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Potential impacts of black carbon on the marine microbial community
Malits, A.; Cattaneo, R.; Sintes, E.; Gasol, J.M.; Herndl, G.J.; Weinbauer, M.G. (2015). Potential impacts of black carbon on the marine microbial community. Aquat. Microb. Ecol. 75: 27-42. dx.doi.org/10.3354/ame01742
In: Aquatic Microbial Ecology. Inter-Research: Oldendorf/Luhe. ISSN 0948-3055, more
Peer reviewed article  

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  • Malits, A.
  • Cattaneo, R.
  • Sintes, E.
  • Gasol, J.M.
  • Herndl, G.J., more
  • Weinbauer, M.G., more

Abstract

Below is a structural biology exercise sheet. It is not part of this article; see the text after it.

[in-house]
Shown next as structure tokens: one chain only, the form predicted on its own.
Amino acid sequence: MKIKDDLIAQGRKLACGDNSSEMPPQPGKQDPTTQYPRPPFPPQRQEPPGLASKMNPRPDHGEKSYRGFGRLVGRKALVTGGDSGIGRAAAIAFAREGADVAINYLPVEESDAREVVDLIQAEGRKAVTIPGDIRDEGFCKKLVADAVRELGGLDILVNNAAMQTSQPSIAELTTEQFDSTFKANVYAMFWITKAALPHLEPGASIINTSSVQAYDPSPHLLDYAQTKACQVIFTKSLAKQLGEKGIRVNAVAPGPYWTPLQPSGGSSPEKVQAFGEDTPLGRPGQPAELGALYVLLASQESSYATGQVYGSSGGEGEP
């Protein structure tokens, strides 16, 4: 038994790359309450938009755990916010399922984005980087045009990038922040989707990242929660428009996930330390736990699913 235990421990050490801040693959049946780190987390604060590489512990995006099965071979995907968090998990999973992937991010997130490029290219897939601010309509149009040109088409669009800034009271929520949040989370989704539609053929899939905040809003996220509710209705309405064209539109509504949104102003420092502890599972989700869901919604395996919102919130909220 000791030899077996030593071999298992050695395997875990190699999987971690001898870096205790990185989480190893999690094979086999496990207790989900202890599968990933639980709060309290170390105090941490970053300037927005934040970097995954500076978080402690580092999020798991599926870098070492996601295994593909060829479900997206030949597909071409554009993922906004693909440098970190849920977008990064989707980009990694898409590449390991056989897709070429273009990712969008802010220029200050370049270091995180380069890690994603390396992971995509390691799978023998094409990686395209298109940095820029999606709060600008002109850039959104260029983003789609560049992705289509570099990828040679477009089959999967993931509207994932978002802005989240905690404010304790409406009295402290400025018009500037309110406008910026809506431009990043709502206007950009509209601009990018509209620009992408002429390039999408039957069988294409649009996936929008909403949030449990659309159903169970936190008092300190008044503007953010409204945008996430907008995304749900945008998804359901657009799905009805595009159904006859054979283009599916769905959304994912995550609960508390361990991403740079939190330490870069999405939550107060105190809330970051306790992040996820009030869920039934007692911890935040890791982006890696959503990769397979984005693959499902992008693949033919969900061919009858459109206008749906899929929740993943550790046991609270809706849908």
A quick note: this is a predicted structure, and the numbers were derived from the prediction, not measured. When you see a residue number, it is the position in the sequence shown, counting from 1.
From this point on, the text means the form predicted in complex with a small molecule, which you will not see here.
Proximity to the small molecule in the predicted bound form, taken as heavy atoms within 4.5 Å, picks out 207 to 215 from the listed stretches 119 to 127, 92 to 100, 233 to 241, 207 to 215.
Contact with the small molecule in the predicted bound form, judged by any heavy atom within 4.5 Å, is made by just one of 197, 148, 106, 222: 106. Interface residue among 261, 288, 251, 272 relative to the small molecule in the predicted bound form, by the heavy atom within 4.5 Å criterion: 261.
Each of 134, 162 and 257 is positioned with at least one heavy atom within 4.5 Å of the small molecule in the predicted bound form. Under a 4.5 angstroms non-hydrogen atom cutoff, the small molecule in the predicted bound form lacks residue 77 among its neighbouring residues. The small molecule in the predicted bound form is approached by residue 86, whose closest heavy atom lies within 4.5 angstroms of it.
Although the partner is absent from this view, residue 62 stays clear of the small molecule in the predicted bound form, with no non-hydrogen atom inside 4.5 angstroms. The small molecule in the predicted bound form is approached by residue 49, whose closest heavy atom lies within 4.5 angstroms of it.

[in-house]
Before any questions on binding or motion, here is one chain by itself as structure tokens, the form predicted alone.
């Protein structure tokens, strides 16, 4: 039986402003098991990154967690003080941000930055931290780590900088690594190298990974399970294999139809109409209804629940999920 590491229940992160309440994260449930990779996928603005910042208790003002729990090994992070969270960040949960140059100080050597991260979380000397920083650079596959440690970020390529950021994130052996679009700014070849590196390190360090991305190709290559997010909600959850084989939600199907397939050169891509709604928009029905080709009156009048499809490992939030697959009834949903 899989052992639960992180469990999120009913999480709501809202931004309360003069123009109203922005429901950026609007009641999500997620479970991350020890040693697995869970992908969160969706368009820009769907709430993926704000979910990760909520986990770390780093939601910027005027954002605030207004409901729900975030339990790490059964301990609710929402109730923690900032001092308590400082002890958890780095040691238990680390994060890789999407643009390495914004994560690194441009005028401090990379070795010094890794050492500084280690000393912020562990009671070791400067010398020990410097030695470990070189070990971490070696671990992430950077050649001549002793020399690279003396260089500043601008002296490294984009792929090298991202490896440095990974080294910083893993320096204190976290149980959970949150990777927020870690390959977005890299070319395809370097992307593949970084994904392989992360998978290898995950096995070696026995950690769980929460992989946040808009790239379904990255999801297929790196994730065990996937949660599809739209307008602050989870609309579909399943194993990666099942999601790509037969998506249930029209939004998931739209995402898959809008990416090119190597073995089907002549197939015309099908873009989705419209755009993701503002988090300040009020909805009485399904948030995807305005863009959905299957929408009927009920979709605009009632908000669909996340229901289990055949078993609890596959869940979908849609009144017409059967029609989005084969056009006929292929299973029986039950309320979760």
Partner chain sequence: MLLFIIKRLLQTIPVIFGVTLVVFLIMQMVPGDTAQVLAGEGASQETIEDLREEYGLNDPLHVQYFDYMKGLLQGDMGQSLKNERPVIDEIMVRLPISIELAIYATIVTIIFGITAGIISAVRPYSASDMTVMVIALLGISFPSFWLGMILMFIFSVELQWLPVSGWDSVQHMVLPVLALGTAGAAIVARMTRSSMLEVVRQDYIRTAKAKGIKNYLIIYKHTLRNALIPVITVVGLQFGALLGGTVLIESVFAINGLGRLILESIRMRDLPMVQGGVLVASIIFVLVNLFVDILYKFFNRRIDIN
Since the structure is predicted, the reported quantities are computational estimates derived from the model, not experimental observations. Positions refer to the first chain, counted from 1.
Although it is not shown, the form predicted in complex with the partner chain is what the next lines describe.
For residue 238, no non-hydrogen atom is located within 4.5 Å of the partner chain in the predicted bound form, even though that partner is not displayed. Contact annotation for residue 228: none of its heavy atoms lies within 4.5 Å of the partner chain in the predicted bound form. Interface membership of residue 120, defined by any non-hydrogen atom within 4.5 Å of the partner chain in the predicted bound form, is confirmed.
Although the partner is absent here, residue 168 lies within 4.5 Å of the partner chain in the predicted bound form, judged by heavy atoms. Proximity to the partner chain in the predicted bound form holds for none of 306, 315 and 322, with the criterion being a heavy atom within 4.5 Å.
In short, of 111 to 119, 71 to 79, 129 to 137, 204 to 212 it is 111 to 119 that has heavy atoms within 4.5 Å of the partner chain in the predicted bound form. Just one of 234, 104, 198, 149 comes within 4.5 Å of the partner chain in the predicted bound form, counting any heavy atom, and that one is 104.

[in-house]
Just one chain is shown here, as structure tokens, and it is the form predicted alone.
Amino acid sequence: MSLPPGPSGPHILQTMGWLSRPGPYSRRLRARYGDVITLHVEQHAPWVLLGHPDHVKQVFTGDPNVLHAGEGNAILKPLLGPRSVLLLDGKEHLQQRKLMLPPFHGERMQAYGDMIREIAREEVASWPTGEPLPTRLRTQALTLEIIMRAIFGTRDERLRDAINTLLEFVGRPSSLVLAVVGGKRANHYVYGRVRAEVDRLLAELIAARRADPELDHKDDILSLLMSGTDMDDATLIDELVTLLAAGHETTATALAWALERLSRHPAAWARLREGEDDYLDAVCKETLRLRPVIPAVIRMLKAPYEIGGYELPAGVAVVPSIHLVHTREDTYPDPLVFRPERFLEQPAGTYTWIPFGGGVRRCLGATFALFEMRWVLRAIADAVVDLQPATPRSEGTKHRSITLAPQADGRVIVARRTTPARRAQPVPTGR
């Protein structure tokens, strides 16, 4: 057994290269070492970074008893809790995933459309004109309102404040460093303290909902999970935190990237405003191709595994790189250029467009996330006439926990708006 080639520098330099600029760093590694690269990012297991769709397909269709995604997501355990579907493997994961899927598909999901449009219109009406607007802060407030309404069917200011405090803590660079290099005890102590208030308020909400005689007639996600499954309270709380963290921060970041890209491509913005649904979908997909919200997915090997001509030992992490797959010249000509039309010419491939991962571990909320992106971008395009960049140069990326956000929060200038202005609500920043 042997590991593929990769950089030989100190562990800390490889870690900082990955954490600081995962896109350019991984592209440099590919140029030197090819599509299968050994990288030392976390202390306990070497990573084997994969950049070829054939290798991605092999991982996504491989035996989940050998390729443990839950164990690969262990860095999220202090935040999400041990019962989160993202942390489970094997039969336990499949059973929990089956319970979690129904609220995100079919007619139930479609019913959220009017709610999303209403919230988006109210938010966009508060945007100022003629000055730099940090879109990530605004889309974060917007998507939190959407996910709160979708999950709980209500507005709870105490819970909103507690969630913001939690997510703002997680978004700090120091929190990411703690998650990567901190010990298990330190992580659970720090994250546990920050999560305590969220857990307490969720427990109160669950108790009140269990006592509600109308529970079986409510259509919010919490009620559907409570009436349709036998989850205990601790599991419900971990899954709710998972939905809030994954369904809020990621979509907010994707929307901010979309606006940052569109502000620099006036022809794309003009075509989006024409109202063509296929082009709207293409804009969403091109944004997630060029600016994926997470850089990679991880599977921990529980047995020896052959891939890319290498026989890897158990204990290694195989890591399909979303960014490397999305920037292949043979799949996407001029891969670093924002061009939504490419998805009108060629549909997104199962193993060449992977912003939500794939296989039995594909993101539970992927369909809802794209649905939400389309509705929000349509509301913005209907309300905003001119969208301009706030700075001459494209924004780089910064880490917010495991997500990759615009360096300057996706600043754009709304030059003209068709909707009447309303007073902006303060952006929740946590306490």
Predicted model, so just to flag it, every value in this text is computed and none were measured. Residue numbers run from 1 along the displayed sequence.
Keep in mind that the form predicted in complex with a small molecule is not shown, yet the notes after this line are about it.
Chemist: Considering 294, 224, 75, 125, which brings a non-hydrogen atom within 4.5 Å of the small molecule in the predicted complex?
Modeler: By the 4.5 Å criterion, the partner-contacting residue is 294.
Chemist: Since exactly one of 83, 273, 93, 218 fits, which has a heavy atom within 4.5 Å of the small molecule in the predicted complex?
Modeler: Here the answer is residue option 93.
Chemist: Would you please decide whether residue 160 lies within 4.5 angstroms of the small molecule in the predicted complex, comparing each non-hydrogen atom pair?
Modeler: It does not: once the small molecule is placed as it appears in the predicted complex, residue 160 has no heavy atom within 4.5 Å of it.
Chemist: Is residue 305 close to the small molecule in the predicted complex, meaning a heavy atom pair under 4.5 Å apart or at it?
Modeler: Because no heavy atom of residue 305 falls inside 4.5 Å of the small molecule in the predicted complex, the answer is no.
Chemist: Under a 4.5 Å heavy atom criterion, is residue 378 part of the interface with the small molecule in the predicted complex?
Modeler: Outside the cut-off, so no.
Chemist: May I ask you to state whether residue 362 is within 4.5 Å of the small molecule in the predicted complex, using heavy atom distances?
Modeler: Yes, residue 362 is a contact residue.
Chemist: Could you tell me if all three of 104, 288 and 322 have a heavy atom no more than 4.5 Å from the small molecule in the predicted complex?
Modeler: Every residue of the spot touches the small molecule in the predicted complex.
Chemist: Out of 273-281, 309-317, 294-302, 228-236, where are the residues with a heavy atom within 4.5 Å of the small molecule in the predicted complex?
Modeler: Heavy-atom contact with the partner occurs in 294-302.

Black carbon (BC) is the carbonaceous residue of the incomplete combustion of fossil fuels and biomass and encompasses a range of chemically heterogeneous substances from partly charred plant material to highly condensed soot aerosols. We addressed the potential role of BC aerosol deposition on marine microbial processes in the ocean by investigating the effects of BC reference material (and its exposure to simulated solar radiation) on viral and bacterial activity in batch cultures with aged seawater. Viruses and bacteria were rapidly adsorbed to BC. No difference between the effect of irradiated and non-irradiated BC on free viral parameters was observed. Bacterial leucine incorporation was higher in the BC treatments than in the BC-free controls. The stimulated bacterial production in the dark BC treatments might be caused by the reduction of viral infection due to adsorption of organic material or by direct use of BC material. Viral production was significantly lower in BC-amended treatments than in BC-free controls, and the estimated fraction of infected cells decreased with increasing BC concentration. Moreover, bacterial activity in the solar-radiation-exposed BC treatments was higher than in the dark BC treatments, indicating that radiation made BC more accessible to bacteria. Our data reveal that BC has the potential to stimulate bacterial activity in the water column, particularly after exposure to solar radiation. Rising BC levels in the atmosphere due to increasing anthropogenic emissions could have far-reaching effects, including potential stimulation of seawater heterotrophy and CO2 production, through its effects on bacteria and viruses.

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